As a sweetener to his work, research funds are ample, though they come at no small cost. Over the years, Prof Sabapathy has been constantly soliciting for research funds through publishing scientific papers and presenting notable research work. To date, he has published more than 50 papers and the influence that comes from them helps him to secure research grants. “When a scientist publishes a paper, recognition will come when the paper contains good information for the field. Our productivity also hinges on how many papers we have published and how impactful they are.” As part of his work at NCCS, Prof Sabapathy has been mentoring a team of PhD and Masters students who are also research officers, such as Mr Iqbal Dulloo who has been working on the DNp73 project. Commenting on the calibre of his mentees, he said that their stint at NCCS has put them in good stead. “It is about sharing my knowledge and experience and guiding them. Although the standard between the PhD and Masters Students vary somewhat, I believe they are equally capable. I am also confident that the PhD students will endure in the field, even if they work in the West.” Mr Dulloo has benefited much from Prof Sabapathy’s guidance. He said: “One could not hope for a better mentor than Prof Sabapathy. His enthusiasm and passion for research can be quite contagious. His guidance and openness to discussion had undoubtedly helped me get the most out of my years in the lab as well as my PhD study. The knowledge, training and scientific achievements that I have made under his mentorship are the perfect building blocks for a career in the ever-so competitive world of medical research.”

Prof Sabapathy works with a multinational team, which he considers “a challenging yet rewarding experience for the team as they also gain cultural insights which will be valuable when they work in the US or Europe.“ With so much on his plate, it is little wonder that the father of a teenage son values the little family time he gets. He interacts with his 14-year-old during morning drives to school, going for short walks together when time permits and annual vacations.

Hence, Prof Sabapathy has no regrets in taking this arduous and rugged route.

“I have not had second thoughts about what I have done so far. I love Science and knew that there is nothing else I would do apart from research.”

By Veronica Lee


In Focus


May / June 2010

LOOKING AHEAD… Cancer Opens My Eyes to the Beauty Around Me

To be diagnosed with breast cancer at a young age is never easy to accept. It’s even more difficult when life until then has been plain sailing. Even so, when the news broke, like a bolt out of the blue, Ms Yvonne Boon accepted her fate bravely. She cast a positive look on the future, to survive.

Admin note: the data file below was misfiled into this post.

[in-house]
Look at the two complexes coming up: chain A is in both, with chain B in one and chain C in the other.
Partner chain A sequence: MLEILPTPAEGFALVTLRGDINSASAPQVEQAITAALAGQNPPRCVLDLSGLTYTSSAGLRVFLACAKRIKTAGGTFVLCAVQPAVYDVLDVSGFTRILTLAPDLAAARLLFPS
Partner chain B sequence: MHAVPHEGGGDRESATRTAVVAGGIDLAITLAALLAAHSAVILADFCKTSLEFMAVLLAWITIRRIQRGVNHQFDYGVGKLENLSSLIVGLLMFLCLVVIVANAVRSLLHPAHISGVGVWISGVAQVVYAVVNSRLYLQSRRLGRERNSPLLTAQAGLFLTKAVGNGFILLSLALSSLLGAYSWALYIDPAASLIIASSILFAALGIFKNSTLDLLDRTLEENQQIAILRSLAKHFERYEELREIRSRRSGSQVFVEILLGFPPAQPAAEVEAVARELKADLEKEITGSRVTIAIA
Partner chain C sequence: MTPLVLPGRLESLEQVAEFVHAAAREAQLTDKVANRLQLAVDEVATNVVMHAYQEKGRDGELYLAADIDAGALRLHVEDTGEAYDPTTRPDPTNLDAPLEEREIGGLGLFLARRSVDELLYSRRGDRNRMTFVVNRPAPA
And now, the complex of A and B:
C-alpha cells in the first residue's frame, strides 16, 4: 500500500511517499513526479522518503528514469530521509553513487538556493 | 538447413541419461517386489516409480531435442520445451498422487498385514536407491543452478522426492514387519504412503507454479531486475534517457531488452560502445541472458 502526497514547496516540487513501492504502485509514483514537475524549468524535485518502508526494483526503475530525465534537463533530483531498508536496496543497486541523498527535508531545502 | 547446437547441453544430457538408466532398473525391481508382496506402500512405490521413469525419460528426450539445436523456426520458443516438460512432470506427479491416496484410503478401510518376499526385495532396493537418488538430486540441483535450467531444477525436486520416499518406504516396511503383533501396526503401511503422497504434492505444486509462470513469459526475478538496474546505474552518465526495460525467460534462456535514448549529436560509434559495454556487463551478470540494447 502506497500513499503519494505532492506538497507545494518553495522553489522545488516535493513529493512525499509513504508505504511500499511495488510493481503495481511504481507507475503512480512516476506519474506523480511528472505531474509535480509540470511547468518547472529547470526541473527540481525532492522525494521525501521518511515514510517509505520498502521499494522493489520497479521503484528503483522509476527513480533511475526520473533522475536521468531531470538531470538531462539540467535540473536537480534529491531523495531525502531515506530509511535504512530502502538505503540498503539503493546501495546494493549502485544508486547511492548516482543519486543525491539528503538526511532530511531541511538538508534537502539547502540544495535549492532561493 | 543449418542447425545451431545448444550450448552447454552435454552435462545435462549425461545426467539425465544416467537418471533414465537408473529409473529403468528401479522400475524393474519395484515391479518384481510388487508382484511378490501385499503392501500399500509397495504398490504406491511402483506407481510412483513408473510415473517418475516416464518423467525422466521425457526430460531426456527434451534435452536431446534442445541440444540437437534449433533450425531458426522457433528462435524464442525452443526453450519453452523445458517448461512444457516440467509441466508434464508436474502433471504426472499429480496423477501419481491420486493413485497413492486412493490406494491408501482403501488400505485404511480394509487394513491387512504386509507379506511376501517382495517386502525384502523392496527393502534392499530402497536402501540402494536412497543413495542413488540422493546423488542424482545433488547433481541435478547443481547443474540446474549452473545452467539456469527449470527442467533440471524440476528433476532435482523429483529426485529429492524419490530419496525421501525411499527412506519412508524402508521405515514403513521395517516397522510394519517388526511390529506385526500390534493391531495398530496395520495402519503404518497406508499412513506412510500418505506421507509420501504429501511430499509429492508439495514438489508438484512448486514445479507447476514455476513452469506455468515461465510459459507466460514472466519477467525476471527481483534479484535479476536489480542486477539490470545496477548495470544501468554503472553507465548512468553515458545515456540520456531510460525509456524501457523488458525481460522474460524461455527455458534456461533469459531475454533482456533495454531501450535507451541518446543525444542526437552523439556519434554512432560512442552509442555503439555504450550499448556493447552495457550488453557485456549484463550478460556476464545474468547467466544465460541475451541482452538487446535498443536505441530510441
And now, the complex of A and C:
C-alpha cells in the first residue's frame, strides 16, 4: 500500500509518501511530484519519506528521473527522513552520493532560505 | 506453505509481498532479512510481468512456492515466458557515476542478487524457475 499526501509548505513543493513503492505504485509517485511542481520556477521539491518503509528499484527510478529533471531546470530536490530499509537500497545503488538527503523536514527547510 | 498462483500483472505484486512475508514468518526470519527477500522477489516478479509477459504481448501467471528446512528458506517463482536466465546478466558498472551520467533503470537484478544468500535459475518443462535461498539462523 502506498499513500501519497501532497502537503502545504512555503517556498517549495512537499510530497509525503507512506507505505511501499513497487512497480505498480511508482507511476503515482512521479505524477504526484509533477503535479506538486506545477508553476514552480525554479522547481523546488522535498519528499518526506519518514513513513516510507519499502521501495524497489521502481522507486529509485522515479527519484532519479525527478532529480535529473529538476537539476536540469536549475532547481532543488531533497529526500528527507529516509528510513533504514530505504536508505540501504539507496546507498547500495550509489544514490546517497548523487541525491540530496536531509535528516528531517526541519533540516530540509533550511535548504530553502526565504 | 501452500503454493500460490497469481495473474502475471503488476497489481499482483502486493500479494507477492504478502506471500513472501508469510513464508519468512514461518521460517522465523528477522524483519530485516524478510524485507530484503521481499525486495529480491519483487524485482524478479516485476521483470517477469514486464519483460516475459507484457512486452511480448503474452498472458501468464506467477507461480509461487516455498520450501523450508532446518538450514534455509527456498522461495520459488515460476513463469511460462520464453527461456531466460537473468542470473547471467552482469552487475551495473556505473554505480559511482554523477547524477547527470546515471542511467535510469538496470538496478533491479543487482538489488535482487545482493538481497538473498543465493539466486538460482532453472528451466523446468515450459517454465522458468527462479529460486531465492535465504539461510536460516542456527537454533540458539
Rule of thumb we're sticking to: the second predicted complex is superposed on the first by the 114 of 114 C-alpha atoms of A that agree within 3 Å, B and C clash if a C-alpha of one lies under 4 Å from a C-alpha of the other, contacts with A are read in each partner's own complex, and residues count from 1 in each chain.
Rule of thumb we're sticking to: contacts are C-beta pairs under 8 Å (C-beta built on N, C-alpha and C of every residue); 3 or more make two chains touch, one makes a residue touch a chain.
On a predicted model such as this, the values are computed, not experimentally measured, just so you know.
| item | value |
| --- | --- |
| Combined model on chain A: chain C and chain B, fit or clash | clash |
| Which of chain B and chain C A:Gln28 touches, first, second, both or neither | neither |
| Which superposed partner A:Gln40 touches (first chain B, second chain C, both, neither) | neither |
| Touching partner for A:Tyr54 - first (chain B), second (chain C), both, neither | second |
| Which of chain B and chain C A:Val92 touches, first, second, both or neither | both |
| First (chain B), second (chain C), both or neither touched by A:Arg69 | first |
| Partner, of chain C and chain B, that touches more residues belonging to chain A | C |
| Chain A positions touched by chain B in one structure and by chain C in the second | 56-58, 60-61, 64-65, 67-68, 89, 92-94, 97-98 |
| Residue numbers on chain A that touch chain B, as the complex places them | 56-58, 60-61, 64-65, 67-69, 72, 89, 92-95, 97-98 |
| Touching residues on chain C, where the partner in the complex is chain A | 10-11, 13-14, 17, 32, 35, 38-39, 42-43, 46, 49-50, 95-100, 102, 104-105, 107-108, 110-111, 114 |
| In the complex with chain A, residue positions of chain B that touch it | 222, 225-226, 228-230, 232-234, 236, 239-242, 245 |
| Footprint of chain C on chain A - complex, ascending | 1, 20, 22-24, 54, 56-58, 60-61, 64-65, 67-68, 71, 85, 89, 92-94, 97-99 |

t age 35, Yvonne had a life that every woman wished for, namely, a loving husband, career satisfaction and three intelligent, beautiful young children. She led a fulfilling life as an active volunteer in church and spend her weekends and evenings indulging in her favourite activities like doing sports and having meals with her family. When diagnosed with her illness, the obvious came to mind: the end of life was near. She remembered her sister who succumbed to breast cancer because she failed to receive treatment. But it was different for her. She could count on her immediate family to give her the support she needed. She had her husband and three children to live for. Before long, Yvonne came to terms with her condition. She decided not to let cancer take her life away. She told herself that she had to be strong. She went through a lumpectomy and eventually mastectomy, chemotherapy and hormonal therapy. These took more than a year to complete. “It is amazing to be alive!” she gushed. “When I was healthy in the past, I took so much for granted. I used to push myself to multi-task too much, not listening to my body when I was tired. I think I’m very blessed as I have support from my husband, family and friends and I was also well covered by insurance.” For Yvonne, survival began at the point of diagnosis. It was the time when cancer patients are forced to confront their own mortality and begin to make adjustments that will be part of their immediate and long term future. “My plight opened my eyes to more important things, like family and friends. Work and material things just don’t matter as much any more and I am no longer petty about small issues. I have also become more understanding and generous towards others. I am also making changes to my priorities. Being diagnosed with cancer gives me a chance to do things better the second time round.” There were times when doubts crossed her mind and coping with them got tough. The side effects of treatment took a toll on her. “There were times when it seemed hard to move on and I wanted to give up. But when I look at my children, they reaffirmed my will to fight on and live for them. Whenever I fall into negative mode, I remind myself to look at all the positive things such as my children and my faith.” The experience has made her see life with a different purpose. “Cancer does not simply end at remission. Life will change in unexpected ways. Some have made their lives more meaningful, while others and their loved ones have responded negatively. As for me, finding meaning is one way to understand my cancer experience. It made me realise the greater purpose behind my illness and what it means for me and my family.”